Mazda has been promising us their SkyActiv-D diesel technology for nearly a decade now. We finally have the CX-5 on sale with a diesel — and I do mean finally, as even that was years in the making — and it seems we’ll get the Mazda6 diesel this year as well.
Autoblog noticed that the California Air Resources Board (CARB) posted new certification documents for the Mazda6 on January 31. The document focuses specifically on Mazda’s midsize sedan, where it mentions a 2.2-liter turbocharged engine paired to a six-speed automatic as an option. It didn’t mention whether the car would have an all-wheel drive option, but it’s a possibility given that the Mazda6 is available with a diesel and all-wheel drive in overseas markets. In the CX-5, that engine produces 168 horsepower and 290 lb-ft of torque in its U.S. spec.
But here’s the thing: Is it already too late for the Mazda6 diesel to really be successful here?
In a market of one
Quick question: How many diesel sedans are currently on sale in the U.S.? In the old days, you used to be able to buy a Volkswagen Passat or Jetta TDI, a Chevrolet Cruze, a BMW 3 Series, Audi A3, Mercedes-Benz E-Class or even a Jaguar XF with a diesel engine. Today, none of those models have a diesel option, and some like the Cruze have died out entirely.
Now, the market remains reasonably strong for diesel trucks. That said, Volkswagen’s “Dieselgate” scandal did inarguably chill the public’s perception on diesel in this country. But beyond that the price difference of diesel fuel, the need to top off a DEF tank every once awhile and the added expense of buying a diesel car in the first place more or less eliminated any of Mazda’s possible competition in the market. The Mazda6 diesel may fare a bit better with the market all to itself, but all those factors may steer buyers away from the long-promised SkyActiv-D powertrain if it launches this year as a 2021 model.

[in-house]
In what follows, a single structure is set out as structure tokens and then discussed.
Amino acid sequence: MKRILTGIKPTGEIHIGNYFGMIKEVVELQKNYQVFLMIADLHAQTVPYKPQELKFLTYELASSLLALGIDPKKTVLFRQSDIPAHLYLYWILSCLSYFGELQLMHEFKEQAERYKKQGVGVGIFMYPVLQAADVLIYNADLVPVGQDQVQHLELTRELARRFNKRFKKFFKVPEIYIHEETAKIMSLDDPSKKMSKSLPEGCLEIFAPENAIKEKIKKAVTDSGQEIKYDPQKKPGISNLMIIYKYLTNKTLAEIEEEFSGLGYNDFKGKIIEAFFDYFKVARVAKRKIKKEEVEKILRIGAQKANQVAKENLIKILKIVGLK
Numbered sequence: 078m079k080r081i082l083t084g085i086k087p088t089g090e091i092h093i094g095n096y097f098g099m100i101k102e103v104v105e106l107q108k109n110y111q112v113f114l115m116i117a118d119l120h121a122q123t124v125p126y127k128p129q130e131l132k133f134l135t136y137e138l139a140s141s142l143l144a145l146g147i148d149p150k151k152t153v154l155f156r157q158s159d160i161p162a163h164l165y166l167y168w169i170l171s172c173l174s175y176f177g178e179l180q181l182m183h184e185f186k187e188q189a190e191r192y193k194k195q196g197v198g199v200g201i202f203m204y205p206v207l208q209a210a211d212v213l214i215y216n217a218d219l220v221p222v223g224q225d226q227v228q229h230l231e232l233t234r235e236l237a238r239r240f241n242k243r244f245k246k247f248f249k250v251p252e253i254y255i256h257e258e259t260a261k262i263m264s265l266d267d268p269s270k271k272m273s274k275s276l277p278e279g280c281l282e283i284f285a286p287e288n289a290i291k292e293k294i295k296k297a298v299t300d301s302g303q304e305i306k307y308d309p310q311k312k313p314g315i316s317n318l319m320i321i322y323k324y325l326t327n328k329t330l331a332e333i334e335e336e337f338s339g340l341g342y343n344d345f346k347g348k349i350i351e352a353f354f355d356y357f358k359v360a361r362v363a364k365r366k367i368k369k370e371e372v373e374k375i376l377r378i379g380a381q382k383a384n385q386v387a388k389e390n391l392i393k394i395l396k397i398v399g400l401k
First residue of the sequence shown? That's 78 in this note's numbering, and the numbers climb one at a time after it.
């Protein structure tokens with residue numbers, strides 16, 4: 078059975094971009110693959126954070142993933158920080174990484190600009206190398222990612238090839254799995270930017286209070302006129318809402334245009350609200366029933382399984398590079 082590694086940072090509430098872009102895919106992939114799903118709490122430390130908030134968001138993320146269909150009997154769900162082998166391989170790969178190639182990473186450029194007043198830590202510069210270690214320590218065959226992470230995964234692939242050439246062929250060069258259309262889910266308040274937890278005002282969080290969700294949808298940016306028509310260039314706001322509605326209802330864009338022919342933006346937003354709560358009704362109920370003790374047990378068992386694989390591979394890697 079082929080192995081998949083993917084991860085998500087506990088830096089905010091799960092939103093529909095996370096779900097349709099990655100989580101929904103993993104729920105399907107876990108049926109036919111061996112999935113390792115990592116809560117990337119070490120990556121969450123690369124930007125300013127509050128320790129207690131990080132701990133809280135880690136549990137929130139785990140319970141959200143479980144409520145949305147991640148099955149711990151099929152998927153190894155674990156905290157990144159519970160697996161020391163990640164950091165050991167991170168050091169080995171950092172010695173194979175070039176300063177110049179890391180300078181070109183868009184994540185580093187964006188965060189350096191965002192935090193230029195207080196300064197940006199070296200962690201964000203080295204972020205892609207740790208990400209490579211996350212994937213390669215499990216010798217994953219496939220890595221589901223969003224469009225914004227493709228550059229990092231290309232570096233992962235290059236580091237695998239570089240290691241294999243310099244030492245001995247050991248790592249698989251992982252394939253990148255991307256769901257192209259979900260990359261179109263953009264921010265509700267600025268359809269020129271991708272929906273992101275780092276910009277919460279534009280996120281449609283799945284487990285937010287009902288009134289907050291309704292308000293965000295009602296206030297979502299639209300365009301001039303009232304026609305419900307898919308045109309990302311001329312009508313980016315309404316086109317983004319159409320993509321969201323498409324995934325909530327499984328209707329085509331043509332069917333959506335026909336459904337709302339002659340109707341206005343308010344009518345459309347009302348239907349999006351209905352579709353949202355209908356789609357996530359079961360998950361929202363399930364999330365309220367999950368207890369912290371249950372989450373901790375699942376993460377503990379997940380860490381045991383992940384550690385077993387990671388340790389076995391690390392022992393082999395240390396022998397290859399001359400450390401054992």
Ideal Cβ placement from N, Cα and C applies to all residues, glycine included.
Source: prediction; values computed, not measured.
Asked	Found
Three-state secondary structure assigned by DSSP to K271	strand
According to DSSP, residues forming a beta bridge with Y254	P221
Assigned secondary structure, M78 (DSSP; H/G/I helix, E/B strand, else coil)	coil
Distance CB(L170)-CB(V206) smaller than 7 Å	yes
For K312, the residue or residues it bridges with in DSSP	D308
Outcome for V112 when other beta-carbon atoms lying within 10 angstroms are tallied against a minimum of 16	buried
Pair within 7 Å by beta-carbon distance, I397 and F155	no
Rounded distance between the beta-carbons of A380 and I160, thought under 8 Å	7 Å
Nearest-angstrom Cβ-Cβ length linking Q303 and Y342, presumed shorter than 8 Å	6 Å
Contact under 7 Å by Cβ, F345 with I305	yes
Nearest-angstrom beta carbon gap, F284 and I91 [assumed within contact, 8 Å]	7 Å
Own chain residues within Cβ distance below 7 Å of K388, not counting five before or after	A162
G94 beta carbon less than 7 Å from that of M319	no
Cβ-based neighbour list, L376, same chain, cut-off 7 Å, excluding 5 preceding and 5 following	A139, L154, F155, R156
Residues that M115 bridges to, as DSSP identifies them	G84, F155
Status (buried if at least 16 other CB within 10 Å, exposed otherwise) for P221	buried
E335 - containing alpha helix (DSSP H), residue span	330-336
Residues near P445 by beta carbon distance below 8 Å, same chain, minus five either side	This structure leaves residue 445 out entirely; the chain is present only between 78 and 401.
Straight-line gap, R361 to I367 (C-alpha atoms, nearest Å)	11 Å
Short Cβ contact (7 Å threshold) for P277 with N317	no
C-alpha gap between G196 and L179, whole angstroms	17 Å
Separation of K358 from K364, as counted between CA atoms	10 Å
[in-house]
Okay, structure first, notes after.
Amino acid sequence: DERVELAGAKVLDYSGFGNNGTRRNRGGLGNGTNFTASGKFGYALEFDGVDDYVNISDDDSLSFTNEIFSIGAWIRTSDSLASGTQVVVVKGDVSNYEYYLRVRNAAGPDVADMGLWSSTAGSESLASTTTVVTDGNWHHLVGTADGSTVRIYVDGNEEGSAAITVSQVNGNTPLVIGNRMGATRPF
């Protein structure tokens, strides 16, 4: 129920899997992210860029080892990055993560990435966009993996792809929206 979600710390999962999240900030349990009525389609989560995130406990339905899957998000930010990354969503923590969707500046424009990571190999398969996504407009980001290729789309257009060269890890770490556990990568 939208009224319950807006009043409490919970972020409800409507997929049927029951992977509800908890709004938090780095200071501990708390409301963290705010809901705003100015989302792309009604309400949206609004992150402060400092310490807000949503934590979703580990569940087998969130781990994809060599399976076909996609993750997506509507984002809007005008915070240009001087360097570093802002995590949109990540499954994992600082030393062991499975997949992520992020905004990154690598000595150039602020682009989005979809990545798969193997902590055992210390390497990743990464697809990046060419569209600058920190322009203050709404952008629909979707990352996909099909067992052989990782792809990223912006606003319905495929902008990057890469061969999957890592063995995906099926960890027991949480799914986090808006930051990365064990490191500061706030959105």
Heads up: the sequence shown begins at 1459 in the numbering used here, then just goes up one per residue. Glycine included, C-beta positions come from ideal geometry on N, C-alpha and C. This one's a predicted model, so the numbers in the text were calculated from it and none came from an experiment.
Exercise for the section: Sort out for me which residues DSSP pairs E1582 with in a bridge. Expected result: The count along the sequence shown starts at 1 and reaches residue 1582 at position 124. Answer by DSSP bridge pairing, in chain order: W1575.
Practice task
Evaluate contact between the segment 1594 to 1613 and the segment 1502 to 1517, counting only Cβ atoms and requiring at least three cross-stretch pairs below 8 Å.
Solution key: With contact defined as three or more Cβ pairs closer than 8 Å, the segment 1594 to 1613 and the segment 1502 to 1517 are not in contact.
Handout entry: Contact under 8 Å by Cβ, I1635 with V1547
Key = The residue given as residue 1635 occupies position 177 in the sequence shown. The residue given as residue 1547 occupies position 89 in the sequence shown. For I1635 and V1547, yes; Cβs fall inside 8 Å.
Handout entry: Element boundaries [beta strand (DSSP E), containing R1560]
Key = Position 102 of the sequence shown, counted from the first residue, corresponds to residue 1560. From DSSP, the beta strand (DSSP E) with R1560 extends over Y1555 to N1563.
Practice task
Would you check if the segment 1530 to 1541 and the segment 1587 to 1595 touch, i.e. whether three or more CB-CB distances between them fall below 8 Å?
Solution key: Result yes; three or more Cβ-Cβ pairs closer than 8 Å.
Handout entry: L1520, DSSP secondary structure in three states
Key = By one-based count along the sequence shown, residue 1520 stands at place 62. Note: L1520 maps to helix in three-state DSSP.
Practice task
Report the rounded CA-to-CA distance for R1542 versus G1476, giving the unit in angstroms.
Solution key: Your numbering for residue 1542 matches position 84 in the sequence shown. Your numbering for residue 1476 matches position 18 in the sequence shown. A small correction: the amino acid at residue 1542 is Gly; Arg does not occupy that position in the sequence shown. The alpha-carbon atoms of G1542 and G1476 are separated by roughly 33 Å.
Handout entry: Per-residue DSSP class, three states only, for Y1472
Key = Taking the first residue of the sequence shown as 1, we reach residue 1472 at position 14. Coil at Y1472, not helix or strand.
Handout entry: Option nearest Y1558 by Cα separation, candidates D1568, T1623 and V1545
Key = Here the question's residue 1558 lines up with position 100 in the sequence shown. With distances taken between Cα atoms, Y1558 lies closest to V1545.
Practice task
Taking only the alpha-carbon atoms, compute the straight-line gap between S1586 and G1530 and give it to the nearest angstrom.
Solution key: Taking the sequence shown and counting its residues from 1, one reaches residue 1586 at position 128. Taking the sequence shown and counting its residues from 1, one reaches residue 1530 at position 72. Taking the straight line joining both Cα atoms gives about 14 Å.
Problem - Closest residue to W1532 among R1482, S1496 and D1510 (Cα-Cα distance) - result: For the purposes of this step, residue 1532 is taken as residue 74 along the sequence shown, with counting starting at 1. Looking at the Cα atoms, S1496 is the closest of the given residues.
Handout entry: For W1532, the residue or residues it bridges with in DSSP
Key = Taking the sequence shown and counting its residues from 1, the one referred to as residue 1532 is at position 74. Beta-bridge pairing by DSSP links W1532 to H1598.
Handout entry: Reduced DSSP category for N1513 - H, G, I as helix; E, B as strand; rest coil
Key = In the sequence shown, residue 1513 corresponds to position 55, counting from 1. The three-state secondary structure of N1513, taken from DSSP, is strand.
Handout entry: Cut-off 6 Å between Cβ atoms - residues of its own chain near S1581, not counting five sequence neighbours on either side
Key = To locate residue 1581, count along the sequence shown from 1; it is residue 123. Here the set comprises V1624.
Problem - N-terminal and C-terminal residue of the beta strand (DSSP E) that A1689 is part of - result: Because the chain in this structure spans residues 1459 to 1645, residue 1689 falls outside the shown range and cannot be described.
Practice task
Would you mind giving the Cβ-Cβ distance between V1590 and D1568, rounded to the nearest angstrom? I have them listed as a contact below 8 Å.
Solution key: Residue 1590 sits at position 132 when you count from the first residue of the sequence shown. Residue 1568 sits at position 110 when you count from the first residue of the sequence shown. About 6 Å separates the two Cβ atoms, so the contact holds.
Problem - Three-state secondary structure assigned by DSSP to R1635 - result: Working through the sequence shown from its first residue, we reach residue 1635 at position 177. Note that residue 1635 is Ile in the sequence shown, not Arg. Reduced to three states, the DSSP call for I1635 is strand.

Electrification is the new diesel
Then there’s the matter of the midsize sedan’s sibling, the CX-5. The Mazda6 diesel will launch only on the top-trim Signature trim, eliminating more affordable options. The CX-5, for its part, starts at $41,000 before destination fees, nearly putting it in the same price bracket as the larger CX-9 Signature. For its part, the CX-5 diesel also gets substantially worse fuel economy than, say, a Toyota RAV4 Hybrid, despite being nearly $5,000 more than even the most expensive Limited trim.
So there you have it. For what it’s worth, diesel enthusiasts will have a new sedan option later this year. A new generation Mazda6 is reportedly in the works, and recent patents suggest Mazda is working on a new gasoline inline-six and an eight-speed automatic transmission. While the company may release information on that later this year, electrification is also coming into play as automakers aim to improve fuel economy figures across their model lineups.
Based on the CX-5, the Mazda6 diesel should come in around $40,000 if it does go on sale later this year. What do you think? Are you excited or do you think it’s too little, too late? Let us know in the comments below!